Improving workload performance with DRS and vROps 6.6

Improving workload performance with DRS and vROps 6.6

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The DRS Dilemma.

vSphere’s Distributed resource scheduler has long been a part of our data centers, keeping an ever vigilant watch over our hosts and their workloads. Distributed resource scheduler, or DRS for short, is responsible for choosing the best host for each of our virtual machines to run on. When you deploy a new VM, DRS is there for the initial placement. When a cluster is out of balance or a host is running low on resources, DRS is there to move VM’s to other hosts in the cluster.  Moreover, when it is time to perform maintenance on a host, DRS is there to evacuate the VM’s and place them on other hosts in the cluster. DRS is one of those things that once you enable it, you just can’t seem to live without.

As awesome as DRS is, however, it is constrained to intra-cluster virtual machine moves. That means when all of the hosts within a cluster have run out of available resources there’s little to nothing that DRS can do. Imagine a Tetris screen that’s completely full. No amount of tinkering with the placement of your pieces can free up space to add more pieces. The only options are to remove or modify pieces to make more room.

 

DRS and vROps, better together!

Thankfully however, vRealize Operations Manager has the answer. When DRS and vROps work together some interesting possibilities open up. vROps can expand DRS’ capabilities by coordinating virtual machine moves between clusters. This means that workloads can be balanced across an entire data center, further eliminating hot spots and maximizing your hardware investment.

And if you have concerns about mixing prod and dev environments, or if you have special licensing constraints, vROps has you covered there as well. With just a few clicks, you can create your own custom data centers to ensure your VM’s don’t run where they aren’t supposed to. vROps automated workload balancing works by looking at each of your clusters and their virtual machines and calculates the most efficient way to distribute the VM’s across your data center (or custom data center).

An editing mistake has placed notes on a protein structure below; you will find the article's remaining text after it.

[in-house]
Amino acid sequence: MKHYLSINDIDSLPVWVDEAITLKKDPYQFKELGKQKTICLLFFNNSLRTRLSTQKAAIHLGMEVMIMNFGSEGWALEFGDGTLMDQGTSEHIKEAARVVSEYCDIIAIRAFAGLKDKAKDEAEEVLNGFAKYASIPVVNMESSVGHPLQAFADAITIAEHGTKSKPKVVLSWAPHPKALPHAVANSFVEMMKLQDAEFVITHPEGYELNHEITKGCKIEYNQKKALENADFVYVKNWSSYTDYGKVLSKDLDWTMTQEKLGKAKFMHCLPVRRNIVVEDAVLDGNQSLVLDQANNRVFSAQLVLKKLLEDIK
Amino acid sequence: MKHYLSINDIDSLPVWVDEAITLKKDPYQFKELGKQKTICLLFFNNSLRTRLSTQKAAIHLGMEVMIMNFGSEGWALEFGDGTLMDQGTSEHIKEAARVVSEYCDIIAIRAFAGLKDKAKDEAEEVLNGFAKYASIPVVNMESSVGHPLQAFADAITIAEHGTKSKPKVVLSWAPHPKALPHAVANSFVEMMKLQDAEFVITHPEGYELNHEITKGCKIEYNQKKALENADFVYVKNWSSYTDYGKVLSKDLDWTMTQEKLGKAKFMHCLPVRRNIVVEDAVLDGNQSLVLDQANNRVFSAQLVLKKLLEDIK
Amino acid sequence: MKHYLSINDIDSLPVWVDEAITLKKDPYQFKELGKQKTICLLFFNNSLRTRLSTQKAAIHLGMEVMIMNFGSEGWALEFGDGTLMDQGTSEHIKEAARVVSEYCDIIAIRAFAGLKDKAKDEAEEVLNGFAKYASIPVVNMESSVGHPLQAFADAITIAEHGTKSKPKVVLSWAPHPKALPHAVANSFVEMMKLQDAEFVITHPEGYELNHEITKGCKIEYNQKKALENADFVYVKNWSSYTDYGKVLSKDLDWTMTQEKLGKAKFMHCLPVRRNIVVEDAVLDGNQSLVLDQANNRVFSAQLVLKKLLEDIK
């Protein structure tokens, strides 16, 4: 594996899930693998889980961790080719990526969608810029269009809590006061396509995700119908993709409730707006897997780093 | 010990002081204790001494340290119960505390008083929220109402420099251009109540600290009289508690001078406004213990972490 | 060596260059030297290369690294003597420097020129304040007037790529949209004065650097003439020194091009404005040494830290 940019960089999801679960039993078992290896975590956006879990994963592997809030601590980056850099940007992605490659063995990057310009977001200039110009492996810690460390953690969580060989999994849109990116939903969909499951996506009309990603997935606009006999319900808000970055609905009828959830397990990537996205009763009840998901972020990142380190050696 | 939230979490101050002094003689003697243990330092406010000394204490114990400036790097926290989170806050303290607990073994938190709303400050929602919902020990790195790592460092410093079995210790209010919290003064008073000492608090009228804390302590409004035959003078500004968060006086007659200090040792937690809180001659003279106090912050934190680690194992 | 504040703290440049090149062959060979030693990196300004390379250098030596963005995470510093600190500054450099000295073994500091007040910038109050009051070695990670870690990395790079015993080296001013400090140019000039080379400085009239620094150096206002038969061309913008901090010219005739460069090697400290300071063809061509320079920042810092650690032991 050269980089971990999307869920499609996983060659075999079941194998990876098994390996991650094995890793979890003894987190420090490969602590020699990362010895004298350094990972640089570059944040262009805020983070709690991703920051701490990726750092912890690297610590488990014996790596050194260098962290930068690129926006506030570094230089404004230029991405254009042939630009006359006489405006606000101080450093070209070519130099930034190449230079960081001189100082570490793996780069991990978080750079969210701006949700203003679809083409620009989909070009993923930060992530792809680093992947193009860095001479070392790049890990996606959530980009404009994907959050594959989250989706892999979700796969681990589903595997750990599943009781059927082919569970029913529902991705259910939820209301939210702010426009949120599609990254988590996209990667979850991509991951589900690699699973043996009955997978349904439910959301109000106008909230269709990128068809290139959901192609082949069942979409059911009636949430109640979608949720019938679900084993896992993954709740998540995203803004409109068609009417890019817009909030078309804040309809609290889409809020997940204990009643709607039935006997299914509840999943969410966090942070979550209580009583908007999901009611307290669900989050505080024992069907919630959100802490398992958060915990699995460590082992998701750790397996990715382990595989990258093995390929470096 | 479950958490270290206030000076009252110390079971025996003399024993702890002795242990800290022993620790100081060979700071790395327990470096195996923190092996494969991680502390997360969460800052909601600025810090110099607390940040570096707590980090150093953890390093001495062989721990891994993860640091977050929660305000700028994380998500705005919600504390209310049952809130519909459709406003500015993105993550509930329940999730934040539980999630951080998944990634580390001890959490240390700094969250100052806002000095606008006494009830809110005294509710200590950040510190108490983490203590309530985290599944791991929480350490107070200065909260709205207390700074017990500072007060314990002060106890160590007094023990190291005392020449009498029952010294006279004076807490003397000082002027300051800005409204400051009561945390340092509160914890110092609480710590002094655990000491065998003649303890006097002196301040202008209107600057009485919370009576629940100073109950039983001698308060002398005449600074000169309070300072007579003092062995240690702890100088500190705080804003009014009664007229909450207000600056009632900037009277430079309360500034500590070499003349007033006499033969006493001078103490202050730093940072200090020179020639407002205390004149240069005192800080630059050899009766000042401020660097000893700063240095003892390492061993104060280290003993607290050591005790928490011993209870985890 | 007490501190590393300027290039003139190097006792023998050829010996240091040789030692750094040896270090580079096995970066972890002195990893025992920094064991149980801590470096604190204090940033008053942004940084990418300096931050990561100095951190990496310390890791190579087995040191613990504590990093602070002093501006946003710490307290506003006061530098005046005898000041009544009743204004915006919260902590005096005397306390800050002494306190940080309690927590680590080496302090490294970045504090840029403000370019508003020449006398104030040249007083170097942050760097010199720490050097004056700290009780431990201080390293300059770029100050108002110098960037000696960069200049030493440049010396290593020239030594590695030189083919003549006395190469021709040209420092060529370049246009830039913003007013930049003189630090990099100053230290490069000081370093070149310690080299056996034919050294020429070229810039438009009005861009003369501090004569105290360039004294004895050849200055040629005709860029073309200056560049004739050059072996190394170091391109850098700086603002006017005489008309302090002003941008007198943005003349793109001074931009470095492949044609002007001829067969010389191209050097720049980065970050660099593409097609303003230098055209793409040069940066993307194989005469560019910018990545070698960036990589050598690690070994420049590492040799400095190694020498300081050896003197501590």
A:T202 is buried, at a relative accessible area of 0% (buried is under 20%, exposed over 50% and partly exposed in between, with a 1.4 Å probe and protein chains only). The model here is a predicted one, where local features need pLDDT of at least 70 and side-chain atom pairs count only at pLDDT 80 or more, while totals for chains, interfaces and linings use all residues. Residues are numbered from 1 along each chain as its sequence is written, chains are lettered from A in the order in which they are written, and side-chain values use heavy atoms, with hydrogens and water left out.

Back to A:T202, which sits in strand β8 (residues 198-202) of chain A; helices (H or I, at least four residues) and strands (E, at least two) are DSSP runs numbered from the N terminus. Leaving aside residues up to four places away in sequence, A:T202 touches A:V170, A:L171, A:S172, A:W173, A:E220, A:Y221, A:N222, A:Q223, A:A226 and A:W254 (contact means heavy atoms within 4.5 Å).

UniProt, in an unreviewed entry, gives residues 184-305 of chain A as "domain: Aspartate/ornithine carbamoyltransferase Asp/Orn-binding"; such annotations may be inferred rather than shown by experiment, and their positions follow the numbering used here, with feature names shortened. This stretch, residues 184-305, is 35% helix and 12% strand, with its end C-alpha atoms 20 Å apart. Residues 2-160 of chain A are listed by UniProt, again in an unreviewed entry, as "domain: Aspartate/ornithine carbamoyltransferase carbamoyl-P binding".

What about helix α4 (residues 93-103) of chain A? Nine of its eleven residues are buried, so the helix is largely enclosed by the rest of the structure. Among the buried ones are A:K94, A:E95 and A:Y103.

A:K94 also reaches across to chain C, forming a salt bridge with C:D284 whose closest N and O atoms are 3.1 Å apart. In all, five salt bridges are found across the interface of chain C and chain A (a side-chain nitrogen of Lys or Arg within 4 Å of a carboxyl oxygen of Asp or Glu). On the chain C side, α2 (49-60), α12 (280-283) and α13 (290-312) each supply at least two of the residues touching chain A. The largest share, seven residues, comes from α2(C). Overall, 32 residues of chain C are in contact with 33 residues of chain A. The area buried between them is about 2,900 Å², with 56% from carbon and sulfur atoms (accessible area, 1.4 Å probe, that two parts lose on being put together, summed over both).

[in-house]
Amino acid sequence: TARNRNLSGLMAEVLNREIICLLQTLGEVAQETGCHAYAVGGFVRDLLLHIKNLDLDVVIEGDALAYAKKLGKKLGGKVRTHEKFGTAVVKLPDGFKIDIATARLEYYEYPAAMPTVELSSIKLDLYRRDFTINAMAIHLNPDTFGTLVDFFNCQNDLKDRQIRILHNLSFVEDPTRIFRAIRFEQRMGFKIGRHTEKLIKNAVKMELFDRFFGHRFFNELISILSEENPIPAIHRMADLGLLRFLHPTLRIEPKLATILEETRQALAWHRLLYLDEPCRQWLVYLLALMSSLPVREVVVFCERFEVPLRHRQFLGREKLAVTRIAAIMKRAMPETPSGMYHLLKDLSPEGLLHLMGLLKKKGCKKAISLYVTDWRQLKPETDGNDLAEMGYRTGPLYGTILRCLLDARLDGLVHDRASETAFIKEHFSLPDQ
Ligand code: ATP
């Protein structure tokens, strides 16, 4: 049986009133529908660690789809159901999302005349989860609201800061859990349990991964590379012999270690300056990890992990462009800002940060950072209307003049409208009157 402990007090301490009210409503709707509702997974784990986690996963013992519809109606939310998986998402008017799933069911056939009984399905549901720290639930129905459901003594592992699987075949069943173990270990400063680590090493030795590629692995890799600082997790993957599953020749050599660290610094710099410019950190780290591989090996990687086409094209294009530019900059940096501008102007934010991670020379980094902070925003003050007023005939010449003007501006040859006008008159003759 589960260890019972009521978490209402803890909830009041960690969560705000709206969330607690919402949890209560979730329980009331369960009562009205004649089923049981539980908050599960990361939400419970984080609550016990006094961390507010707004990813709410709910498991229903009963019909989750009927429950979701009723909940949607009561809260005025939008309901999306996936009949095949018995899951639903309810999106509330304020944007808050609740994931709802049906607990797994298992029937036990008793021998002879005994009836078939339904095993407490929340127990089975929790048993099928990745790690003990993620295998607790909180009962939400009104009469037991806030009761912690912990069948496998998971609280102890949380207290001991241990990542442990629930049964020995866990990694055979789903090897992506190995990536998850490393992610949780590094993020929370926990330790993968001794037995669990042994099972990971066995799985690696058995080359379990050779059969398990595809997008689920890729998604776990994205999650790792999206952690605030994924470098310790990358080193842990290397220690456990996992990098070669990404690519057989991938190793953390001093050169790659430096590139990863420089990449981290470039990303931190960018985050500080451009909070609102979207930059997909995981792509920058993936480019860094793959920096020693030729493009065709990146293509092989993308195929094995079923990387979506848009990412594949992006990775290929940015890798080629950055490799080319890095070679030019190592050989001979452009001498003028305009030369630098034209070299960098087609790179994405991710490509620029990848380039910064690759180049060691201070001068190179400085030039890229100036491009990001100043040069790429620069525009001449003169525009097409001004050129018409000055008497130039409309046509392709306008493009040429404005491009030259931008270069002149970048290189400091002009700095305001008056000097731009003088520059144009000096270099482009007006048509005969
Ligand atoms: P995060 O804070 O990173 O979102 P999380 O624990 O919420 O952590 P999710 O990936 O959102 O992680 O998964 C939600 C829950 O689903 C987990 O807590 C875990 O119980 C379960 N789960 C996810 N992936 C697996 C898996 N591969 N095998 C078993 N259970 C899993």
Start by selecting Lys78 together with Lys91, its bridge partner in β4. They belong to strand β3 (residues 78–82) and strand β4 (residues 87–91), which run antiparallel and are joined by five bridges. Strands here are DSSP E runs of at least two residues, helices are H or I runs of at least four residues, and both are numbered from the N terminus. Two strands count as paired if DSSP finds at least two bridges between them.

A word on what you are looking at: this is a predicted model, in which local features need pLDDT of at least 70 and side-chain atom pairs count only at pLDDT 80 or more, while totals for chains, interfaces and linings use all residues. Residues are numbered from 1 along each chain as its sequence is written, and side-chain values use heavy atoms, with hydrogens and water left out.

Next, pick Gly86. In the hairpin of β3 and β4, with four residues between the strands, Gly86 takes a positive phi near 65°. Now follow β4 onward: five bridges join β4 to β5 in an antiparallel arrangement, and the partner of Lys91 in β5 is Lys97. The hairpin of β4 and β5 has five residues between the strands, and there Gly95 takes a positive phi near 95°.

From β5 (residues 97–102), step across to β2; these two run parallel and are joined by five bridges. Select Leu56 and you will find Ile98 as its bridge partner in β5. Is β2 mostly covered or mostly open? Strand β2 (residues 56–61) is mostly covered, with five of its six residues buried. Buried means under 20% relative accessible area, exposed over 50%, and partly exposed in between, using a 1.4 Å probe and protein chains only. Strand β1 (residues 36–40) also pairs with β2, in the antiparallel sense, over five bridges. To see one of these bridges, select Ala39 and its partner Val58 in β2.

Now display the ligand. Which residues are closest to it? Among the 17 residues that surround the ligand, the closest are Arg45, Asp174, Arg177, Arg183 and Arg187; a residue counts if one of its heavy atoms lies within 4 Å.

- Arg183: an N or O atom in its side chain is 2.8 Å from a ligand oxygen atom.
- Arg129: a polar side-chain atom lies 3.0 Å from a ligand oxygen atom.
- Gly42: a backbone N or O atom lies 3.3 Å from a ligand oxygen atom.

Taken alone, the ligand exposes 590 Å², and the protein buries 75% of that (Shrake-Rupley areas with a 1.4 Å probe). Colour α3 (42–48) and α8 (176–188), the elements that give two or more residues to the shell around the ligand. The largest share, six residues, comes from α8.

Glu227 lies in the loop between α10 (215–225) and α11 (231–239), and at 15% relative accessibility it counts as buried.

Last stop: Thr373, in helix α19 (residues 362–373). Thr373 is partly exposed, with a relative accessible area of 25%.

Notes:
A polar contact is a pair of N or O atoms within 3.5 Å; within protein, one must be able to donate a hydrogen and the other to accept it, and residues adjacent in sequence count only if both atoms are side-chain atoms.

Before committing to any moves, vROps shows a before and after comparison of what your environment will look like and what VM’s will be moved to achieve virtual nirvana. If the user accepts the moves, vROps initiates the vMotion(s) by handing the VMs off to their new cluster and letting that cluster’s DRS and storage DRS handle the individual host and datastore placement. Of course, DRS must be set to fully automated for each of your compute clusters in order to take advantage of this great new feature.

B-E Proactive!

Up until this point, DRS has been a reactive tool that moves workloads after contention has occurred. How great would it be if we could leverage vROps to help predict when contention is likely to occur? After all, many production VM’s see workload spikes at regular intervals. For example, when users log on to their applications in the morning, or when backups run at midnight, or when the regularly scheduled database cleanup script kicks off.

 

 

Once again, vROps gives DRS super powers by feeding workload statistics to DRS in a feature called Predictive DRS. Predictive DRS, or pDRS identifies workload patterns for each virtual machine in order to predict future resource needs. If a host doesn’t have enough resources to keep up with future demands, pDRS will move workloads to other hosts in the cluster before contention can even occur. vMotions can be taxing on a host’s resources, so why put the additional burden on your hardware when it’s already stressed out? This is a vast improvement compared to reactive approaches to contention.

Enabling pDRS is easy. Log in to your vCenter server and edit your cluster’s DRS settings. Under the DRS automation settings enable predictive DRS and repeat this for any other clusters which you’d like to enable predictive DRS. Next, log in to vROps and go to the administration tab and edit your vSphere solution. Under the advanced settings set the “provide data to vSphere predictive DRS” setting to true.

By combining the automation of DRS with the intelligence of vROps, you’ll be able to break free from unplanned work and focus on more important things. For example, finding the perfect cup of coffee, or I suppose that project your boss keeps hounding you about. Either way, be sure to check out vROps today by visiting https://www.vmware.com/products/vrealize-operations.html.

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